Scotland’s first purpose built public park, Kelvingrove Park provides a fantastic Victorian backdrop to the University of Glasgow and the West End of the city. Glasgow’s city planners in the 19th century had the wisdom to create green areas around the city to contrast the rapid urbanization of the city and in 1852 the City purchased land for £99,569 (around £8million today) to create this green jewel in the West End. One of several such public parks, Kelvingrove was the first and was designed by Sir Joseph Paxton (who also designed the Crystal Palace in London).
There are a number of events which take place within the Park, most notably parts of the biggest event in this part of the city, the West End Festival. The Park plays host to the opening parade and the Glasgow Mela during the last two weeks in June. The above photo is from this summer’s opening events of the Festival on June 13th. The Park has seen several quite a bit larger events in the past, which I’ll get to in the end.
34 ha (85 acres) in size, the Park holds within it a large number of features, the most notable of which is the grand building at the south-west corner of the Park, the Kelvingrove Art Gallery and Museum, and worthy of its own post. In addition, there are five bowling greens, a croquet green, four tennis courts, a children’s play area, a skateboard park, a duck pond, the Stewart Memorial Fountain (erected in 1872), a garden, various statues and monuments, and a bandstand. The bandstand and the adjoining amphitheatre was built in 1924 and was a popular location for outdoor music until it became neglected and vandalised around 1995. Numerous local bands have expressed support for the restoration of the bandstand and there are some proposals for its renovation.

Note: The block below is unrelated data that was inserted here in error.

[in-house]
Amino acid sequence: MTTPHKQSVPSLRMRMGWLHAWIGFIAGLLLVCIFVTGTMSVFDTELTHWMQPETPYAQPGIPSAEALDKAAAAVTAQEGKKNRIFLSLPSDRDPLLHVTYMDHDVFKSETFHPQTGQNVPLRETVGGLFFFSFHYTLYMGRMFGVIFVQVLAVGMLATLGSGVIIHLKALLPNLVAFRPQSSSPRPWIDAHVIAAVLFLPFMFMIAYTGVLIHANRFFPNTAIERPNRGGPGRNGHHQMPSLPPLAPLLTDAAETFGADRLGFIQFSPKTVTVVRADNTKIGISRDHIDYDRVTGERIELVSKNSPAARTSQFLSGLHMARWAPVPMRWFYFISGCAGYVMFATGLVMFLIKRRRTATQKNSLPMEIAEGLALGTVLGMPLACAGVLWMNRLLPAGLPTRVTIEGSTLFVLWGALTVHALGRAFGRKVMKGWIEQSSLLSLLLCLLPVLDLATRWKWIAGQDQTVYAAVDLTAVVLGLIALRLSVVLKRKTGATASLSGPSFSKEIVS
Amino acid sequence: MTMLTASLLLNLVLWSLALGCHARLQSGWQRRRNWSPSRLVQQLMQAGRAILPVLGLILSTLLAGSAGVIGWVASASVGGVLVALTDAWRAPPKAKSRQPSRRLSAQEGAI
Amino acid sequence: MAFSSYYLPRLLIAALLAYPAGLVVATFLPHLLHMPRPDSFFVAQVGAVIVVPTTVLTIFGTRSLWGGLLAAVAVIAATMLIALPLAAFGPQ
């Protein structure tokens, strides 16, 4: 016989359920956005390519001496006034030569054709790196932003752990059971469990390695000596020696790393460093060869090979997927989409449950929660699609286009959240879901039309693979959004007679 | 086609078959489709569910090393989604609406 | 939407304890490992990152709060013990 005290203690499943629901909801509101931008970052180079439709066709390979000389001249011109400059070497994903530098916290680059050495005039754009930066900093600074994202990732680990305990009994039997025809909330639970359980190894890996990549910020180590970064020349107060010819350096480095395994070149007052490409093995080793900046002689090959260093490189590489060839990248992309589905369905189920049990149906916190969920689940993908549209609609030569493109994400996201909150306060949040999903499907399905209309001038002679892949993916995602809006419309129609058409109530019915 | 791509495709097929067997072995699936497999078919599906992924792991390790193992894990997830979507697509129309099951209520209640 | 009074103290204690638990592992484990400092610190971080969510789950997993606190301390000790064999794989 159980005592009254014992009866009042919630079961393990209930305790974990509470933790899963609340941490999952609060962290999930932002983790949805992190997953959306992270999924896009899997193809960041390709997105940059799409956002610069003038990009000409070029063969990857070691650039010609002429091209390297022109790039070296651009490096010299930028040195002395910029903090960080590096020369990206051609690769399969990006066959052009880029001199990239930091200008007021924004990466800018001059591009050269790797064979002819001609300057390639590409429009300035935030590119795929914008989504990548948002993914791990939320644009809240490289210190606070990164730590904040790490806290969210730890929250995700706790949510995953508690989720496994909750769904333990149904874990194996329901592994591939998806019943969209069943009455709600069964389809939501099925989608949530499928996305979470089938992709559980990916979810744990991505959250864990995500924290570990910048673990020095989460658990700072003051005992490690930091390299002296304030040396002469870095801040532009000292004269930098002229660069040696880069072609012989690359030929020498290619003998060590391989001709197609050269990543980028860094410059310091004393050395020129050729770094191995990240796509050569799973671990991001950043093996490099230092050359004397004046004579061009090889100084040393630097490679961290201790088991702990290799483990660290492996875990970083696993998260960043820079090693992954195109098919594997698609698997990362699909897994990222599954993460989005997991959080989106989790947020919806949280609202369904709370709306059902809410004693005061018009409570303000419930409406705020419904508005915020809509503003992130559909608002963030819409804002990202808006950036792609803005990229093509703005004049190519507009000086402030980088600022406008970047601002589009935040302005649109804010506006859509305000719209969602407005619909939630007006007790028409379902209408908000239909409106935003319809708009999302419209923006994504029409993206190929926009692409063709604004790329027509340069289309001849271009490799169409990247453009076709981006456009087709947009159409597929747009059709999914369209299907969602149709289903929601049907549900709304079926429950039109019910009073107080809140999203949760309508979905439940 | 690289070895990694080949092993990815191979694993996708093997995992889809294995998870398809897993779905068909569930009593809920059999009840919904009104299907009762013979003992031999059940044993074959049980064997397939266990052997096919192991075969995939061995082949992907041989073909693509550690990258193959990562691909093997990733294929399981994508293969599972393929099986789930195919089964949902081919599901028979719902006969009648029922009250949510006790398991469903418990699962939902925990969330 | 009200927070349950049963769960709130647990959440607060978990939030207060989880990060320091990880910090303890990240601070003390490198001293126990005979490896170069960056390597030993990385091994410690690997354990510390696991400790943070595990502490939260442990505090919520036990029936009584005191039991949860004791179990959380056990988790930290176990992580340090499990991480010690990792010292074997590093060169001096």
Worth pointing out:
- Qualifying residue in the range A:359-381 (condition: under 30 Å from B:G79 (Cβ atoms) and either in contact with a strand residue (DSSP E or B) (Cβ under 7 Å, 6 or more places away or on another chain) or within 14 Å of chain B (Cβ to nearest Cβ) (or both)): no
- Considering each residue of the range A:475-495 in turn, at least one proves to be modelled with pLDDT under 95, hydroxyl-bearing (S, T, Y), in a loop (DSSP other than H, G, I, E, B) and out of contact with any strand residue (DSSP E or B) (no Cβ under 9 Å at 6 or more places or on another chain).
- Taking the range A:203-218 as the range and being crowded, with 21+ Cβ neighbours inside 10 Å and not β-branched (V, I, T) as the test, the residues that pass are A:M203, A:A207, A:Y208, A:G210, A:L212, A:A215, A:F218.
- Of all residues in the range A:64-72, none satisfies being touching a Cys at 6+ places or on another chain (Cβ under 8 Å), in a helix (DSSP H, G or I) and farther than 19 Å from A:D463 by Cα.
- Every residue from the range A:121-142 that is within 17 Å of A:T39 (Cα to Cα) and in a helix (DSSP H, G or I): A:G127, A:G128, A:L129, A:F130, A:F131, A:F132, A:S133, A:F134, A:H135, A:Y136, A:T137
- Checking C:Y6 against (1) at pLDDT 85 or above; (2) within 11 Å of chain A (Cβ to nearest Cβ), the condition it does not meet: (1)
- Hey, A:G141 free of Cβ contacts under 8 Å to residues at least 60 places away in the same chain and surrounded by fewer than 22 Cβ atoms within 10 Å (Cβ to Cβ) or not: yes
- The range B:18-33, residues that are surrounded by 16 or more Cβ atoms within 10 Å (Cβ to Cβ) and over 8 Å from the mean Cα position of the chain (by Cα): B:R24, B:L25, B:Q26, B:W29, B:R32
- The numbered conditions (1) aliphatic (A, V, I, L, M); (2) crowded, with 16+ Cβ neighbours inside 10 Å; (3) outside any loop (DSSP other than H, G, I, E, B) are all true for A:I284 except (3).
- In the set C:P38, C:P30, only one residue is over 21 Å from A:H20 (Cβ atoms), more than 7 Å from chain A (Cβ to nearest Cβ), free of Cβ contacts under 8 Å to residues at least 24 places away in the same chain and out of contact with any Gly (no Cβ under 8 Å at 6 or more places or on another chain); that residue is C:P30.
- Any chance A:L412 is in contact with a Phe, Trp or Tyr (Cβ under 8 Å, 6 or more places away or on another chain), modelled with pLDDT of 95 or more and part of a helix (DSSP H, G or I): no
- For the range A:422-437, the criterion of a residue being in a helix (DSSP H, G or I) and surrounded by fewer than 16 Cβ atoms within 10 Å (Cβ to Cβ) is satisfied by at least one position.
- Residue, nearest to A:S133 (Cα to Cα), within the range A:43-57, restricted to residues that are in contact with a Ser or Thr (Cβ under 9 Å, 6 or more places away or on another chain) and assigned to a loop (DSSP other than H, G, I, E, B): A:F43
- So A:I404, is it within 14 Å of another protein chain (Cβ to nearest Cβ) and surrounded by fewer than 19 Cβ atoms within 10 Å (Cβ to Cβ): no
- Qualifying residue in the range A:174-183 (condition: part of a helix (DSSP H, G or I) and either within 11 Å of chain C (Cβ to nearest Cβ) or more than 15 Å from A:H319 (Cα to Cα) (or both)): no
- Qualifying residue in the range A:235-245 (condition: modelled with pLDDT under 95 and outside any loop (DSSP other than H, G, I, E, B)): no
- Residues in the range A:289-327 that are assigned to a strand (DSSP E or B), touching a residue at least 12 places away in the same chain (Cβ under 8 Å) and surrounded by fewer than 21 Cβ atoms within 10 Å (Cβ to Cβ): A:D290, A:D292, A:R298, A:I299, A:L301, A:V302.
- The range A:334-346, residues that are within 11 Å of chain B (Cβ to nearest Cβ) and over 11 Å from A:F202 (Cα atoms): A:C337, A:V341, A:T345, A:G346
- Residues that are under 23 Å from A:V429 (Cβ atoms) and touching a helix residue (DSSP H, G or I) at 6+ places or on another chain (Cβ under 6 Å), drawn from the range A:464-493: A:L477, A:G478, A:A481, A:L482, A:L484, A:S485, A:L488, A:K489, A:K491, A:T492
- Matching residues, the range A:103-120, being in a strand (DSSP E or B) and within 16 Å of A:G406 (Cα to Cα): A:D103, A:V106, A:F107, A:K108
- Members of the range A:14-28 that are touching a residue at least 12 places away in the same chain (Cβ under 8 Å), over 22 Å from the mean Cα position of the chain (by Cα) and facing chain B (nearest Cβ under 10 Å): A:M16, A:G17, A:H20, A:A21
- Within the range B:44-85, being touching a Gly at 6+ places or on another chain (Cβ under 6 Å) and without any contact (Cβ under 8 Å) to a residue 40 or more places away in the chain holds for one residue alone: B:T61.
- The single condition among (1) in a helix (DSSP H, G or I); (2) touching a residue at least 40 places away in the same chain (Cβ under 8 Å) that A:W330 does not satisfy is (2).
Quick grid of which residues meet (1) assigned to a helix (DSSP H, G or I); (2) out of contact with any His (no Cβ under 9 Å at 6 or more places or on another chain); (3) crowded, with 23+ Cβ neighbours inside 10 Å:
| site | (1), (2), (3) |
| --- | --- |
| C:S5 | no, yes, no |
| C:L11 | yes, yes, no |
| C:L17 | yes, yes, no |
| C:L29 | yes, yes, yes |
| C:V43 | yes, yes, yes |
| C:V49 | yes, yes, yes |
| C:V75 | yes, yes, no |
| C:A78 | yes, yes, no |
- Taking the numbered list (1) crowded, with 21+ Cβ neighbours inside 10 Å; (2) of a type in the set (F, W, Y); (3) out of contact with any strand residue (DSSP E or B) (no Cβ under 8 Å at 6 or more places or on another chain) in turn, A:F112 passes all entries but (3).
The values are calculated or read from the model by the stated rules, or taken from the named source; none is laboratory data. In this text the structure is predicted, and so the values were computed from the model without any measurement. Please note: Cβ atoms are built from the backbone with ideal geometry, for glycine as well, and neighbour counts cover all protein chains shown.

A charitable society, Friends of Kelvingrove Park, looks after the wellbeing of the Park. There are several heritage trails planned out for visitors, one by the society and another by the City Council.
Glasgow Trivia #8: Kelvingrove Park has played host to two International Exhibitions (in 1888 and 1901) and the Scottish National Exhibition (in 1911). Far from merely decorating the Park’s existing facilities, large, impressive buildings were constructed in the Park for the Exhibitions, which have unfortunately since been demolished. Some relics of this part of Glasgow’s history still remain scattered around. The large terracotta Doulton Fountain at Glasgow Green was originally situated in the park for the 1888 Exhibition but was later relocated to its current location. The idealised Elizabethan Port Sunlight Cottages, donated to the city after the 1901 Exhibition, and now used as park workers’ housing, sit south of the University. A small stone circle close to the Gibson Street entrance to the Park roots back to the 1911 Exhibition, when a Highland Village, with some genuine Highlanders, was recreated at the spot. One of the stones is marked with the words “An Clachan 1911”. The most astonishing and famous relic of the Exhibitions is the Kelvingrove Art Gallery and Museum, which I will feature tomorrow.
TheGlasgowStory.com has a plethora of images from the International Exhibitions available for you to visualize what the Kelvingrove Park used to look like.
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